Ottawa, Kansas

On August 5-7, the Ottawa, Kansas, Main Street Association hosted a work- shop on the Ottawa University Campus. Located in a historically agricultural region in eastern Kansas, Ottawa has experienced substantial growth in recent years as nearby Kansas City and Lawrence sprawl outward.

Mary Allison Haynie, the Ottawa Main Street Executive Director, gathered an excellent faculty and speakers, including Randall Arendt, Peter Swift, Dennis Domer, and Carroll Van West. New faculty to Your Town included Al Zelinka and Susan Jackson of the Urban Design Studio, who introduced their community design process Place Making on a budget. The design issues included a highway by-pass with a focus on entry corridors; conservation design and new urbanism; Main Street revitalization; and heritage tourism.

Mary Allison Haynie stated, "On Wednesday, November 10, 2004, the Ottawa Main Street Association hosted a Your Town reunion with presentations to the public on the design ideas for the intersection of First and Walnut and Haley Park. Also, efforts are underway to secure local ownership of several properties at the intersection of First and Walnut so that public and private improvements can take place on them."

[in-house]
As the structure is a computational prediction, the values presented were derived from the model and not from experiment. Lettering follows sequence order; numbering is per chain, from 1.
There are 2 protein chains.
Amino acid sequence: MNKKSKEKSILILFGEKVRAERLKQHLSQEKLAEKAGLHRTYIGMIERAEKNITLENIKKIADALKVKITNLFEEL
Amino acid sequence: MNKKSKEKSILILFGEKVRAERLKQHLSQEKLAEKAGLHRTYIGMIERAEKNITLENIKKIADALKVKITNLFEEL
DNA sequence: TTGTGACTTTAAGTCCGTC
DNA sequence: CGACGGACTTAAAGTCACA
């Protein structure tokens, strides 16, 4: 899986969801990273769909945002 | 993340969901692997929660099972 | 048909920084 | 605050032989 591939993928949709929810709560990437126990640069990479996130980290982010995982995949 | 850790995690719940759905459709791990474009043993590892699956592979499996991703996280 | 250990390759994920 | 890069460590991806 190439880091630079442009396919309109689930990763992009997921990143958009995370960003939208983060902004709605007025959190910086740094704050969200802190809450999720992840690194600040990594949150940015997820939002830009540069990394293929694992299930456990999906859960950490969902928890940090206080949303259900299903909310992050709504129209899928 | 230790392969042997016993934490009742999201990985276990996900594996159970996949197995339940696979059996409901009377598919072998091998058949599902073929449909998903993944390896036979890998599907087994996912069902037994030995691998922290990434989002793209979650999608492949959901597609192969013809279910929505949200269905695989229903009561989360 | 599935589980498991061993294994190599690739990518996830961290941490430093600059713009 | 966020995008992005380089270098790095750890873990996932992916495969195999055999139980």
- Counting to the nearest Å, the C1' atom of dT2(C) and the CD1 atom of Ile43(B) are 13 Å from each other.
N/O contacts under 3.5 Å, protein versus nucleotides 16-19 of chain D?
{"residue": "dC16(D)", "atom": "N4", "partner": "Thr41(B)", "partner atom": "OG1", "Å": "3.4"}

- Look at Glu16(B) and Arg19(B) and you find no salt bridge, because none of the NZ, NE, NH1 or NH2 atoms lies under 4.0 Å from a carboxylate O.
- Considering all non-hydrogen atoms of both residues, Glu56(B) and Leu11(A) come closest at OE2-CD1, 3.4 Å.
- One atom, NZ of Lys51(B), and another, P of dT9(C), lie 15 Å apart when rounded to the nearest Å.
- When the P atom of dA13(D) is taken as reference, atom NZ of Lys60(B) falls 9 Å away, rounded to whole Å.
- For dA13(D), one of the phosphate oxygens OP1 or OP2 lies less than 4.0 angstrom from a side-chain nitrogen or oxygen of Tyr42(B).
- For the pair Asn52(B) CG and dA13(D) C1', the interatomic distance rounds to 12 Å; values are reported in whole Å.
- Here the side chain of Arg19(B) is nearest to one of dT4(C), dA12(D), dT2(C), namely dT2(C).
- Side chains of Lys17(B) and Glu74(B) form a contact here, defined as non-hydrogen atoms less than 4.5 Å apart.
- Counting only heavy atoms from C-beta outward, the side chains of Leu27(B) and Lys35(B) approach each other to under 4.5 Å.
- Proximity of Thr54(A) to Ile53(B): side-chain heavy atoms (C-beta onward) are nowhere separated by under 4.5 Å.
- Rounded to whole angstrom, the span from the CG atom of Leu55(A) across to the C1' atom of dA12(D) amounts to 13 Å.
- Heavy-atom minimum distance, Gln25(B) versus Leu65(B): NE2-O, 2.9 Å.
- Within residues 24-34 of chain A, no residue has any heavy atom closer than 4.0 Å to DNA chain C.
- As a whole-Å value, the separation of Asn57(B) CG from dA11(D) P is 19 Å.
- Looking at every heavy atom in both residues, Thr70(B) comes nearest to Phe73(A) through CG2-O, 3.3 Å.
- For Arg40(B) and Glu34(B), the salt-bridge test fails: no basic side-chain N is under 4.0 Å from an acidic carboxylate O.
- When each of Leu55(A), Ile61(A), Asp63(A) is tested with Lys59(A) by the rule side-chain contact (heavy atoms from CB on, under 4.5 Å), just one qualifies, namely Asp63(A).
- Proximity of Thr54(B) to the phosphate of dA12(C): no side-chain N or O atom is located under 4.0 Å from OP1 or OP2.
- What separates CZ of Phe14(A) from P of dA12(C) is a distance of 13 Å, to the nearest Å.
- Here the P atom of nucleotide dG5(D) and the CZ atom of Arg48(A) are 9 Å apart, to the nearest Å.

The second presentation described the process, boundaries, and logistics of creating a downtown commercial historic district to be listed on the National Register of Historic Places. Ottawa Main Street has applied for a Historic Preservation Fund Grant from the Kansas State Historic Preservation Office in order to hire a consultant to complete the nomination.
 
The community's goals are to continue press coverage of the activities and ideas generated from the Your Town workshop. A one year communications project concerning the groups' study topics will continue in order to broaden public support and understanding for design ideas and planning processes that will support and enhance good design in the community. They also hope to engage the Youth Action Council, Art Guild, and Arts Council in promoting some of the design projects involving public art.
 
-Excerpted from Your Town: Citizens’ Institute on Rural Design, Update, Fall, 2004